The Lake Erie Monsters have plenty to deal with at the start of the American Hockey League season without worrying about the fortunes of their new NHL parent club two hours south.
Lake Erie is in the first season of an affiliation with the Columbus Blue Jackets, and each of the teams trumpeted the new all-Ohio affiliation this past summer.
"They get to play in front of management more often," Lake Erie coach Jared Bednar said of the Monsters, who have started 3-1-0-1. "I think they're excited about that."
But amid the Blue Jackets' 1-8-0 start that has led to the arrival of new coach John Tortorella, Bednar knows he must keep his players' attention firmly in Cleveland, not Columbus. But it would be natural with a roster full of young prospects to have attention and gazes drift to the NHL. The Blue Jackets' struggles and the start of the Tortorella era could bring change to the roster in Columbus.
"We preach that there are going to be guys who expect to play games up top and deserve to play games up top, but those decisions are out of your control," Bednar said. "They have to take care of what they can control down here.
"We've got a good group of character guys down here that when they're here, we just tell them that [Lake Erie] is your focus. The quickest way to get up is to concentrate on what you're doing as an individual, what we're doing as a team down here, and that benefits you as well."
Certainly there are plenty of viable candidates for NHL promotion playing for Bednar.
Left wing Kerby Rychel, 21, has five points (two goals, three assists) in his first four games. Rychel's rookie season in 2014-15 ended early because of a concussion, but he is on the brink of full-time duty with Columbus and has spent time with the Blue Jackets already this season.
Rychel's linemate, rookie right wing Oliver Bjorkstrand, is another top prospect. He had 63 goals last season with Portland of the Western Hockey League. With more development and time to bulk up, the 20-year-old Danish prospect could be ready to step into the Columbus lineup before long.
Forward Sonny Milano, the 16th pick in the 2014 NHL Draft, is in his rookie pro season. Defenseman Michael Paliotta played a game last season with the Chicago Blackhawks before moving to Columbus in a seven-player offseason trade. Milano's center, Michael Chaput, earned 33 games with Columbus last season.
Two depth defensemen, AHL veterans Andrew Bodnarchuk and Jamie Sifers, firm up the Lake Erie blue line and are capable of filling holes in the Columbus lineup if necessary.
Keeping the focus in Cleveland is where Bednar's veterans come into play. Captain Ryan Craig has played 198 NHL games, and Bednar's message starts with the 33-year-old veteran.
"It's a really good mix for us," Bednar said. "We have some young talented kids, the draft picks, guys that are legitimate prospects that we see playing in the NHL sooner rather than later.
"But we've got those characters guys like Sifers, Craig, Bodnarchuk and so on. They do everything right on and off the ice. They're our top-conditioned athletes. They're guys that eat right and take care of themselves off the ice. The way they approach each day with practice and games is very consistent with what they do.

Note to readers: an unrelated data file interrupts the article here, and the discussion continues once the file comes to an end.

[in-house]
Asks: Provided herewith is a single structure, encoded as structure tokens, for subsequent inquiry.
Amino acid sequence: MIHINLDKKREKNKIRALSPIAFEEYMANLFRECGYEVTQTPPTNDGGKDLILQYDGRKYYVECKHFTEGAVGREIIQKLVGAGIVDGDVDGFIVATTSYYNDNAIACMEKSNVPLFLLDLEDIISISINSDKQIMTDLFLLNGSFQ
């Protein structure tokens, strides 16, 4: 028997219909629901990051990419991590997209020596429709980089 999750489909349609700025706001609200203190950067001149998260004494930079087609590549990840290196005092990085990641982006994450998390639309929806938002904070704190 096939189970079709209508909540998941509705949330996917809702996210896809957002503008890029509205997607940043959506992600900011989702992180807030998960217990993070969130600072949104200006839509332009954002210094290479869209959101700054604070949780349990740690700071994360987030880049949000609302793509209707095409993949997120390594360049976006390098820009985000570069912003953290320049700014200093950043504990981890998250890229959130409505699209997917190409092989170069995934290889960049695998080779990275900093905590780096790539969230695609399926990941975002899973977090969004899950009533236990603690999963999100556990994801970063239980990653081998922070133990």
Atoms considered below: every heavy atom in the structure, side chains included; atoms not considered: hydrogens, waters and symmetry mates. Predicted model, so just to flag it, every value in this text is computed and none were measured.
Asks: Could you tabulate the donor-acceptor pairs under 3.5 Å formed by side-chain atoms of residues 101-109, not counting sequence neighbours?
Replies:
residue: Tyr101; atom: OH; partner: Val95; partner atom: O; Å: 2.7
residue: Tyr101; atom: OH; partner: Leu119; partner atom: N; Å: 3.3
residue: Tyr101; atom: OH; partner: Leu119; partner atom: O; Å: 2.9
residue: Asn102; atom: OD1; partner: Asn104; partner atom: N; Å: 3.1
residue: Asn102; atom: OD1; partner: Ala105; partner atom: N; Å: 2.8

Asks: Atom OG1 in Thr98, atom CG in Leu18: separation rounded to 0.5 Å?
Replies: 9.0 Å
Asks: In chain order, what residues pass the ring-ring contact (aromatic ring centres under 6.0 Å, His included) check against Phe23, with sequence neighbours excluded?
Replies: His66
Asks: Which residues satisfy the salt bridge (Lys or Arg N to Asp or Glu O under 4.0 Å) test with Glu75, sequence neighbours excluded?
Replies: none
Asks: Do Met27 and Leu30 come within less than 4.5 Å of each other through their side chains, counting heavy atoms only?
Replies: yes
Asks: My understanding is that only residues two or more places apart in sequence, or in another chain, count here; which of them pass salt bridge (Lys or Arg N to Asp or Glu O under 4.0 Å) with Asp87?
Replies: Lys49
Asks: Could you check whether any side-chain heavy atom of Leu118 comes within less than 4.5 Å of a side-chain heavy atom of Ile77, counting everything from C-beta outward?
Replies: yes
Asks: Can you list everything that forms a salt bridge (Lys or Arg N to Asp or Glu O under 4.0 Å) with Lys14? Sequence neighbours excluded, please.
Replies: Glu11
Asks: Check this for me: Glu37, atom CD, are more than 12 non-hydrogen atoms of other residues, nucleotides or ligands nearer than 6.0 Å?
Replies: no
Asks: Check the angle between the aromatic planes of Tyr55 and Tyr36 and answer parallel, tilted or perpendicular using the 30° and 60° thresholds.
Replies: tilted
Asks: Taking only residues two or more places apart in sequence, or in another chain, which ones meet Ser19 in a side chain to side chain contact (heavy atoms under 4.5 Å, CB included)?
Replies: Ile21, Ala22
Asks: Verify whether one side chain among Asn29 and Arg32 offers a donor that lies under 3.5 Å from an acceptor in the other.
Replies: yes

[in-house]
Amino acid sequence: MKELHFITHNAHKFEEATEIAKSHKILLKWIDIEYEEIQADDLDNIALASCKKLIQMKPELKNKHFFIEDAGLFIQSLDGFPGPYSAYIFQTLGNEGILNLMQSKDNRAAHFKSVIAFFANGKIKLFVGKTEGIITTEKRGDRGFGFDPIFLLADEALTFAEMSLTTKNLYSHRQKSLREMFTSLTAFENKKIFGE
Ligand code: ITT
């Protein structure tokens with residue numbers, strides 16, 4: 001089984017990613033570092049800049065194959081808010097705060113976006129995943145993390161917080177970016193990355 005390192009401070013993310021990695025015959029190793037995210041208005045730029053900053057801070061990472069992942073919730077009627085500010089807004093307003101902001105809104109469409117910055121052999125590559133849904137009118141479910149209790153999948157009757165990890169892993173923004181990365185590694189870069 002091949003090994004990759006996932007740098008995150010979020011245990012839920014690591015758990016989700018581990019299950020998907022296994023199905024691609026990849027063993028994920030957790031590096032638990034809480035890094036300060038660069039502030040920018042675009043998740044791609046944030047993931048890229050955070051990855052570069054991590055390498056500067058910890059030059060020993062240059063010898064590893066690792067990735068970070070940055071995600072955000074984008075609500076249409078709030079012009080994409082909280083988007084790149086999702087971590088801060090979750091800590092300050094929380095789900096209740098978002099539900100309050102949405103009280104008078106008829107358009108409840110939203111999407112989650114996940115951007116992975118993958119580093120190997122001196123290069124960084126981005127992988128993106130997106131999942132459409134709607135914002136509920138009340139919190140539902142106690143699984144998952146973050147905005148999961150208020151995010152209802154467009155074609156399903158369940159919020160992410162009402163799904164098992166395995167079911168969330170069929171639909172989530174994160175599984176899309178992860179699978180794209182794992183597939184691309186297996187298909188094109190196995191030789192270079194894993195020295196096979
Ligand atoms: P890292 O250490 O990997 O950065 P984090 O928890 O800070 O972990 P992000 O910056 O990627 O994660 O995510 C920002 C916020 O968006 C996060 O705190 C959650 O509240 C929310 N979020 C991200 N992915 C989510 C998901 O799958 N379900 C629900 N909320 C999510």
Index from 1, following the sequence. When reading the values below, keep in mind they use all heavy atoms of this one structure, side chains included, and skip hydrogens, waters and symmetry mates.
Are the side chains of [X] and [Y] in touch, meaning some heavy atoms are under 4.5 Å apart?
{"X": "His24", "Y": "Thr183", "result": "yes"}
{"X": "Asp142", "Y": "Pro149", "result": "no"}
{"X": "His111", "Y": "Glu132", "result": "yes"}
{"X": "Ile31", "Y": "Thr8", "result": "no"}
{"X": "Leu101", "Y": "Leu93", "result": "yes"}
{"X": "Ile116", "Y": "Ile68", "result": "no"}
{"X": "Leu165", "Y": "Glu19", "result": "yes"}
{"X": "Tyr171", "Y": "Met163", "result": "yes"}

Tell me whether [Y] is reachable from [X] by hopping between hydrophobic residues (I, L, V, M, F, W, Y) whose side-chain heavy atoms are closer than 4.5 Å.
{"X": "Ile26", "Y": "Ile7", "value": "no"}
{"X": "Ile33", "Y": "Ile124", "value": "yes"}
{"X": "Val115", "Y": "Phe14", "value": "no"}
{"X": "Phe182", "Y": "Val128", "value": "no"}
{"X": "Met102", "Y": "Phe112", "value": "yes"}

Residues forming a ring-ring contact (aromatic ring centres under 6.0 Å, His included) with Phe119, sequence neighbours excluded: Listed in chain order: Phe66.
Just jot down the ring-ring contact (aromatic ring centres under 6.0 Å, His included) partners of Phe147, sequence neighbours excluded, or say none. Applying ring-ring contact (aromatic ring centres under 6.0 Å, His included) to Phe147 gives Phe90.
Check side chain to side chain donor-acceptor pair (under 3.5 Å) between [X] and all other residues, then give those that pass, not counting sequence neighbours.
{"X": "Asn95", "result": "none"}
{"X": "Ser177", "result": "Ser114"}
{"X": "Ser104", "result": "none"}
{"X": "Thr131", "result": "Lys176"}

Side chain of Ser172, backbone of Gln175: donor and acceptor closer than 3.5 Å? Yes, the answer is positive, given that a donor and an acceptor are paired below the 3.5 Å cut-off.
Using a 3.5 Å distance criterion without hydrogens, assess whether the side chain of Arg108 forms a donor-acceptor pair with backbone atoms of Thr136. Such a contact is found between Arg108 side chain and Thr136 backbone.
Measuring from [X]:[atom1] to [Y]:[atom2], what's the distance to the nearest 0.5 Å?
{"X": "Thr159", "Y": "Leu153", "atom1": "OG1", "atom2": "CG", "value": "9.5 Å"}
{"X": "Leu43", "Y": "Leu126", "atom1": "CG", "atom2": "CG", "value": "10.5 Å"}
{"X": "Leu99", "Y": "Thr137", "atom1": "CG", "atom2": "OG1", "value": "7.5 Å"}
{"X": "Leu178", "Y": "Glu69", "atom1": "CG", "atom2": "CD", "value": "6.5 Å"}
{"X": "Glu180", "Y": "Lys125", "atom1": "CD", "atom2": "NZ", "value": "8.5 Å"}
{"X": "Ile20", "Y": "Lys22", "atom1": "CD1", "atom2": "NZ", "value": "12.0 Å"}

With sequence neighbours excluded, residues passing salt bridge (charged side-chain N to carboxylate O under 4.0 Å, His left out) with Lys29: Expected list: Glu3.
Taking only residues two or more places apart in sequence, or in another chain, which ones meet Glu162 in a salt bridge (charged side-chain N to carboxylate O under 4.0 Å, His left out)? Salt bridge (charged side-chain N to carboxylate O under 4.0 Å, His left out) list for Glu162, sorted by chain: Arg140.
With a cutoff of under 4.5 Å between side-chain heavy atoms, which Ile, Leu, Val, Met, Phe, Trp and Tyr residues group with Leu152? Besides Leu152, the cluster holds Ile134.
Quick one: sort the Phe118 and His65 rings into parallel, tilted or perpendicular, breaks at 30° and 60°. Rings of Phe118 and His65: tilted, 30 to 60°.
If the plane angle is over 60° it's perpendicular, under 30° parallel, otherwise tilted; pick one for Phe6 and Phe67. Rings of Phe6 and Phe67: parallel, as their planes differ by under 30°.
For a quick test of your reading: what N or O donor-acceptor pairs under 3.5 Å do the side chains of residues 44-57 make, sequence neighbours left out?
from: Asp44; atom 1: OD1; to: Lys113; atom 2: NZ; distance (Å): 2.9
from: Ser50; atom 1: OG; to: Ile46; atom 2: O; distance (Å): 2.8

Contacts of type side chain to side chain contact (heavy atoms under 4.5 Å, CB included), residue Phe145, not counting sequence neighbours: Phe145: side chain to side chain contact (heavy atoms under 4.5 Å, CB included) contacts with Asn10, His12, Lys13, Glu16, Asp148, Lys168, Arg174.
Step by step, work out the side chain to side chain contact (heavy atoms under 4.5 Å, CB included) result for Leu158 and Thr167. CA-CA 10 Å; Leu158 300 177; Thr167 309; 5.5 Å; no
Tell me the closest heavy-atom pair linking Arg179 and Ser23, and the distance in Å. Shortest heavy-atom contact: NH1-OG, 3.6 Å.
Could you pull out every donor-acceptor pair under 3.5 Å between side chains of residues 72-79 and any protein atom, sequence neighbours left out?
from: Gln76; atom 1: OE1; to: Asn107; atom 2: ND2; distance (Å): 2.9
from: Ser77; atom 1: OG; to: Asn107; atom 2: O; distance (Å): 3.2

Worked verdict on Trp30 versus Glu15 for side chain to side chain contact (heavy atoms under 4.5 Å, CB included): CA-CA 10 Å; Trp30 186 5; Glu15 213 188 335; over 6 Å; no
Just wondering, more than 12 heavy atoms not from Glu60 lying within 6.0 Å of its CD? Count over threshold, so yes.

"That's the biggest thing that the young guys lack. The consistency on a night-to-night basis, a shift-to-shift basis sometimes. The focus and what those [veterans] are saying and just watching their approach to the game is the biggest thing that helps [prospects] out as they move forward."
Westward: Bednar has experienced AHL life in the Eastern and Western conferences since becoming an AHL coach before last season. He spent his rookie season with the Springfield Falcons in the Eastern Conference, where compact geography shapes its teams' schedules. Eastern Conference teams are often able to avoid hotel life for much of the regular season and can simply bus to and from road games on the same day.
The 11 changes in NHL affiliations and/or franchise locations this past offseason have changed the AHL map dramatically, however. The shift in geography created an opportunity for Blue Jackets management to station their AHL operation in Cleveland.
Now that Bednar and his Columbus prospects are in the Western Conference, their travel itineraries have received a makeover. The Monsters spent this past weekend in Winnipeg and will spend more time in airports and hotels this season than they ever did last season in Massachusetts.
"I think there are positives to both [approaches]," Bednar said. "[In the Eastern Conference], you play a lot of three-in-three [weekends] and have lots of practices during the week, so that's good for your development."
But he feels Western Conference life will benefit his young players in Cleveland as well as eventually in Columbus.
"I like getting out on the road more. It helps the team come together," Bednar said.
"I think that when you get out west and travel more like an NHL team, [when] you play more mid-week games and [fewer] three-in-threes, that you get to get your group out and go for week-long road trips, I think that that mirrors the NHL a little bit more. There are some positives to that.
"The more that you get used to traveling and playing, being in different cities, sleeping in different hotels, it brings your team closer together and quickly. When [players] go up, [the NHL lifestyle] is not something that is foreign to them."